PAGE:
Not much has changed going into the forecast for the snow event in the South Mississippi tonight and into tomorrow. The biggest thing that might surprise us is the amount of snow in the area. Our friends at the National Weather Service in Jackson have update things late this morning to indicate the possibility of seeing nearly 5"-9" through McComb, Columbia, and Hattiesburg. This means isolated locations along the Hwy 98 corridor could see nearly 9"! Wow, this is an incredible total to forecast for South Mississippi, but the details are lining up for a textbook deep south snow event.
With the potential high snow totals here in South Mississippi, we've been looking into the past big snowfalls in our viewing area. Unfortanely the biggest hassle is our data history. Our observation plot at Bobby L. Chain started recording data in 2000 (so we've been told). Here are the details on the big three events we've noticed...
1) March 1993: At the station we have written down that our eastern viewing area (probably east of I-59) received 3"-8". This came in the form of thundersnow.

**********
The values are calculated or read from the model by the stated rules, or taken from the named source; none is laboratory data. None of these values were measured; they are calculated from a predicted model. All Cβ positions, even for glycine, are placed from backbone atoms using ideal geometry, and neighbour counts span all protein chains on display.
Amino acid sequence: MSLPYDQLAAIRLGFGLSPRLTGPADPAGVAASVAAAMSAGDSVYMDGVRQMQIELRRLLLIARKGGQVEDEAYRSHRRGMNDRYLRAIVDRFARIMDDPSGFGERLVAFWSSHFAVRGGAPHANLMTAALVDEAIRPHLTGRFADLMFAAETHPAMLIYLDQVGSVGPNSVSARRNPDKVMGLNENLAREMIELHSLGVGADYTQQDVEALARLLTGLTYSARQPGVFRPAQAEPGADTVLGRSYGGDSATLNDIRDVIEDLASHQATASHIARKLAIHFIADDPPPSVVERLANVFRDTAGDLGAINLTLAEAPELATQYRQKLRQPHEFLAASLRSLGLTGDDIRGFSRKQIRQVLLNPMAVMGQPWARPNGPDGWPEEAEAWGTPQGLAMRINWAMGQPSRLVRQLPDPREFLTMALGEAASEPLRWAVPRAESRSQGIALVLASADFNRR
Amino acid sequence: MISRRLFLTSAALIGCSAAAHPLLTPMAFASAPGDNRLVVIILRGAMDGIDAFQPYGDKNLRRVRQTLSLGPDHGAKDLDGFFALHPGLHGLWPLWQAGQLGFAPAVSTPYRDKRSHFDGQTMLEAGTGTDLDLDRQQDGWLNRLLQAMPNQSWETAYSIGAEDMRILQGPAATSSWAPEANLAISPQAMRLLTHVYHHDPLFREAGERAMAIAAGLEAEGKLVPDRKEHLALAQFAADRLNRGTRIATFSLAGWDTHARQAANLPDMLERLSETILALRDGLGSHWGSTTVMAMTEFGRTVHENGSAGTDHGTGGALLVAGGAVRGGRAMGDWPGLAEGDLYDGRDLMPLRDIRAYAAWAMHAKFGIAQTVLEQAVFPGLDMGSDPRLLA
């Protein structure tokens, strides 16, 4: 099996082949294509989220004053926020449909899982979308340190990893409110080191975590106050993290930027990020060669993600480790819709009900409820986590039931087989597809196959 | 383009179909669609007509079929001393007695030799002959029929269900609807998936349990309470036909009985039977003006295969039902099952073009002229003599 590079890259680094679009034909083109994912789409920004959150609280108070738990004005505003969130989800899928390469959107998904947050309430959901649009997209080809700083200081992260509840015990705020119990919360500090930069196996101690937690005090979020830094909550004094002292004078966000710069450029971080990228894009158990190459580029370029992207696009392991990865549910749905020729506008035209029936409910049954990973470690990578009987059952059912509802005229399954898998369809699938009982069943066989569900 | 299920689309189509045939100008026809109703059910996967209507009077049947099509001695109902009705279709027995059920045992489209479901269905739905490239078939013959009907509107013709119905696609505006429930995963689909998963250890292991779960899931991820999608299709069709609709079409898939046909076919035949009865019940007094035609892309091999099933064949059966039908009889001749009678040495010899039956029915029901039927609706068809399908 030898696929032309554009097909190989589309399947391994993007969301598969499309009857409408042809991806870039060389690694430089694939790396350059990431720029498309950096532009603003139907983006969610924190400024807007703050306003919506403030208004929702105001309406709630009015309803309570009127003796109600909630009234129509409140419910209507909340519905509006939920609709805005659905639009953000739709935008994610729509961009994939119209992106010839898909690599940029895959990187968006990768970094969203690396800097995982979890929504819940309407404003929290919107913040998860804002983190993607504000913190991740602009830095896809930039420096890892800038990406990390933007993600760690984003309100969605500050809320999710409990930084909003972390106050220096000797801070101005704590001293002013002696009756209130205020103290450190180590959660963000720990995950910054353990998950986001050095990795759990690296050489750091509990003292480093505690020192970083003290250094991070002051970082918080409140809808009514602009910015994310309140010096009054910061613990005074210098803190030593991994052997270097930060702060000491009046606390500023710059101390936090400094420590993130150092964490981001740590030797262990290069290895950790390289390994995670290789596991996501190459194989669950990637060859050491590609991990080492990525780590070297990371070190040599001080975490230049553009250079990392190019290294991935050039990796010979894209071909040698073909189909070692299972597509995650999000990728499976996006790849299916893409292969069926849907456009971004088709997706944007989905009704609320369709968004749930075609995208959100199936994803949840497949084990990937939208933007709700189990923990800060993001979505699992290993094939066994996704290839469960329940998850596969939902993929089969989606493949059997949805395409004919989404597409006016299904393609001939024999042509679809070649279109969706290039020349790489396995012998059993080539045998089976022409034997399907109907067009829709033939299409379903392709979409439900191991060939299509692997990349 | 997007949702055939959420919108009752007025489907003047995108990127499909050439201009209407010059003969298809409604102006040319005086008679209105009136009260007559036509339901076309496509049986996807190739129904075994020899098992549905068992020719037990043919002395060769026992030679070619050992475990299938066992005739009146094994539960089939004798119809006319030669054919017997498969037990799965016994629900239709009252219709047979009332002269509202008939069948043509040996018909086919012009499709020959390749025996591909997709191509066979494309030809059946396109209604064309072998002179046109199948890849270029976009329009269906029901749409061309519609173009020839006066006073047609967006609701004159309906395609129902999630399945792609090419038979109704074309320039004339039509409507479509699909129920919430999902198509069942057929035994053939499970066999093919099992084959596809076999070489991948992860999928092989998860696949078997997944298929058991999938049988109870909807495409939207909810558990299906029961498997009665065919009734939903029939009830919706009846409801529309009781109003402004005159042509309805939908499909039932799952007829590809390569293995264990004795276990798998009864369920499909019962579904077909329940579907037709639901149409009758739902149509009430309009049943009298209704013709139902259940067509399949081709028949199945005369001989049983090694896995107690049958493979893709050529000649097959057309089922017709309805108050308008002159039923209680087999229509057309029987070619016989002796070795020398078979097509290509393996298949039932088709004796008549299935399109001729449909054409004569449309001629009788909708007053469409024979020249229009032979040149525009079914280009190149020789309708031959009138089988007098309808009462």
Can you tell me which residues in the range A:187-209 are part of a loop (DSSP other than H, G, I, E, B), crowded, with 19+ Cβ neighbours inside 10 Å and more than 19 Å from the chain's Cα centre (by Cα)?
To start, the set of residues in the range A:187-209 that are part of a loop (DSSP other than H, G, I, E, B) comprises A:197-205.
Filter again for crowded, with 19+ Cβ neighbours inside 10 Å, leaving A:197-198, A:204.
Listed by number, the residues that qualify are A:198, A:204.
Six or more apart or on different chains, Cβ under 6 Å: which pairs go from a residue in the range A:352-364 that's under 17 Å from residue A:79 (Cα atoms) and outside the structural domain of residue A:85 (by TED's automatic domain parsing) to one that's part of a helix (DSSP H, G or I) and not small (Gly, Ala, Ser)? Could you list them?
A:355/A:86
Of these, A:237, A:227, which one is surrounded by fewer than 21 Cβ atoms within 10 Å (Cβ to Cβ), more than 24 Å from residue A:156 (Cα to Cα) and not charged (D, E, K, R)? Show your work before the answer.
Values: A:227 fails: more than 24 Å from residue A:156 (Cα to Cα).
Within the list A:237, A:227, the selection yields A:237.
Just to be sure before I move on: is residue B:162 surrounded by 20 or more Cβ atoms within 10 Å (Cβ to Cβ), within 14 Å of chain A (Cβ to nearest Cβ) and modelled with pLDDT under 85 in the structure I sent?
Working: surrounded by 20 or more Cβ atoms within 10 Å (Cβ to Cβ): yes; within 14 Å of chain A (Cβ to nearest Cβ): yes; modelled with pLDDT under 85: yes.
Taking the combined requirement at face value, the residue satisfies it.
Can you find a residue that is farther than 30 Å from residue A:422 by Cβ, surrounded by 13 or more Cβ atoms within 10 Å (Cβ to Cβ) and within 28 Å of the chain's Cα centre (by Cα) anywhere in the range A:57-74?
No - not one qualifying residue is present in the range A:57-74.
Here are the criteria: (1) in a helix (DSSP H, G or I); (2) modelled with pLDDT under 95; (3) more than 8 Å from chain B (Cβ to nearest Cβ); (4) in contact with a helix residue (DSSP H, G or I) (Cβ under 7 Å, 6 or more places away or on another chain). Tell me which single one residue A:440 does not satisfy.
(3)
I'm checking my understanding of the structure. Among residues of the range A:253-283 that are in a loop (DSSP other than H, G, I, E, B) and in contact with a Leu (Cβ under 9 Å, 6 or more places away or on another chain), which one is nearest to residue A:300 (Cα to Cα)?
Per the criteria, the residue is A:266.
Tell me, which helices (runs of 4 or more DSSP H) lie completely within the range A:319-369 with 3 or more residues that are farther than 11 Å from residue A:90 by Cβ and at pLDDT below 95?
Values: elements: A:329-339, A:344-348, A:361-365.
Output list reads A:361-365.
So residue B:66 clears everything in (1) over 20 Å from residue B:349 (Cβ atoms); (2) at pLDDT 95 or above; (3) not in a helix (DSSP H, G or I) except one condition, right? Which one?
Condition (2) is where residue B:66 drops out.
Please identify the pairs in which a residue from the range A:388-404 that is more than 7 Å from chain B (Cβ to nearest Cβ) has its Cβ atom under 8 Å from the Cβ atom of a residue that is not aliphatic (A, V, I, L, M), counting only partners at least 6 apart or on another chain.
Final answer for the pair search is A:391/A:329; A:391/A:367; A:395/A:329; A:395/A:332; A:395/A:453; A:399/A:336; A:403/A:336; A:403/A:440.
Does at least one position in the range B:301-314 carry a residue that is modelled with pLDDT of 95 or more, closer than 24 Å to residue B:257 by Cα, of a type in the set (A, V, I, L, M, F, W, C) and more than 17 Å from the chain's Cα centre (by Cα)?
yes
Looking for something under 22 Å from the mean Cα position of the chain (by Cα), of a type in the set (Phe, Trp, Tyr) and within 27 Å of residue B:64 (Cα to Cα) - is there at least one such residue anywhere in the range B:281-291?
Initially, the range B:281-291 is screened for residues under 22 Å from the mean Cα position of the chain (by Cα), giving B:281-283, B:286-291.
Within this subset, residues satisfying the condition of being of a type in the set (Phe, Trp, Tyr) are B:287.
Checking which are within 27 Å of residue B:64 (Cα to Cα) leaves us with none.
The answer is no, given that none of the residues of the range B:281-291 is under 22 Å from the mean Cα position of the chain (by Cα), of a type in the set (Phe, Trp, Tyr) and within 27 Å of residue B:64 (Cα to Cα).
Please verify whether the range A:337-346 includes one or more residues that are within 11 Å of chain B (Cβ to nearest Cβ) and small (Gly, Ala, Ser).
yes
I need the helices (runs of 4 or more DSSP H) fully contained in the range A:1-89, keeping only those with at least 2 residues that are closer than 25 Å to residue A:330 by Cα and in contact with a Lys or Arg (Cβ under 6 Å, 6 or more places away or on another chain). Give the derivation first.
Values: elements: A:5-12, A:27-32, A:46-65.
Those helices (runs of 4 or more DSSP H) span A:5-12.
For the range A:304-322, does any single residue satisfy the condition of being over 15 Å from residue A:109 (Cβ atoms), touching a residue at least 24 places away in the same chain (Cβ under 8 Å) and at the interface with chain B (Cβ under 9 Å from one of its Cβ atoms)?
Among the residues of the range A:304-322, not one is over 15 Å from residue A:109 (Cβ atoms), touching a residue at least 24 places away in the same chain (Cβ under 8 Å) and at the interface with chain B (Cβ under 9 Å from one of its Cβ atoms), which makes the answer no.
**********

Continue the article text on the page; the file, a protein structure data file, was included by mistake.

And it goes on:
2) December 30, 1963: National Weather Service says Meridian received 16" of snow, and many here at the station remember between 8"-12" in the Pine Belt. Rex Thompson remembers Columbia receiving near a foot.
3) 1894: National Weather Service scratched around and helped us find this hidden event over a century ago. They have 10.2" here in the area.
With these three points we can conclude the magnitude of this potential snow event. Some isolated areas in the region could see 7"+ and this could become a fourth big event to remember in South Mississippi.
Take care and be safe!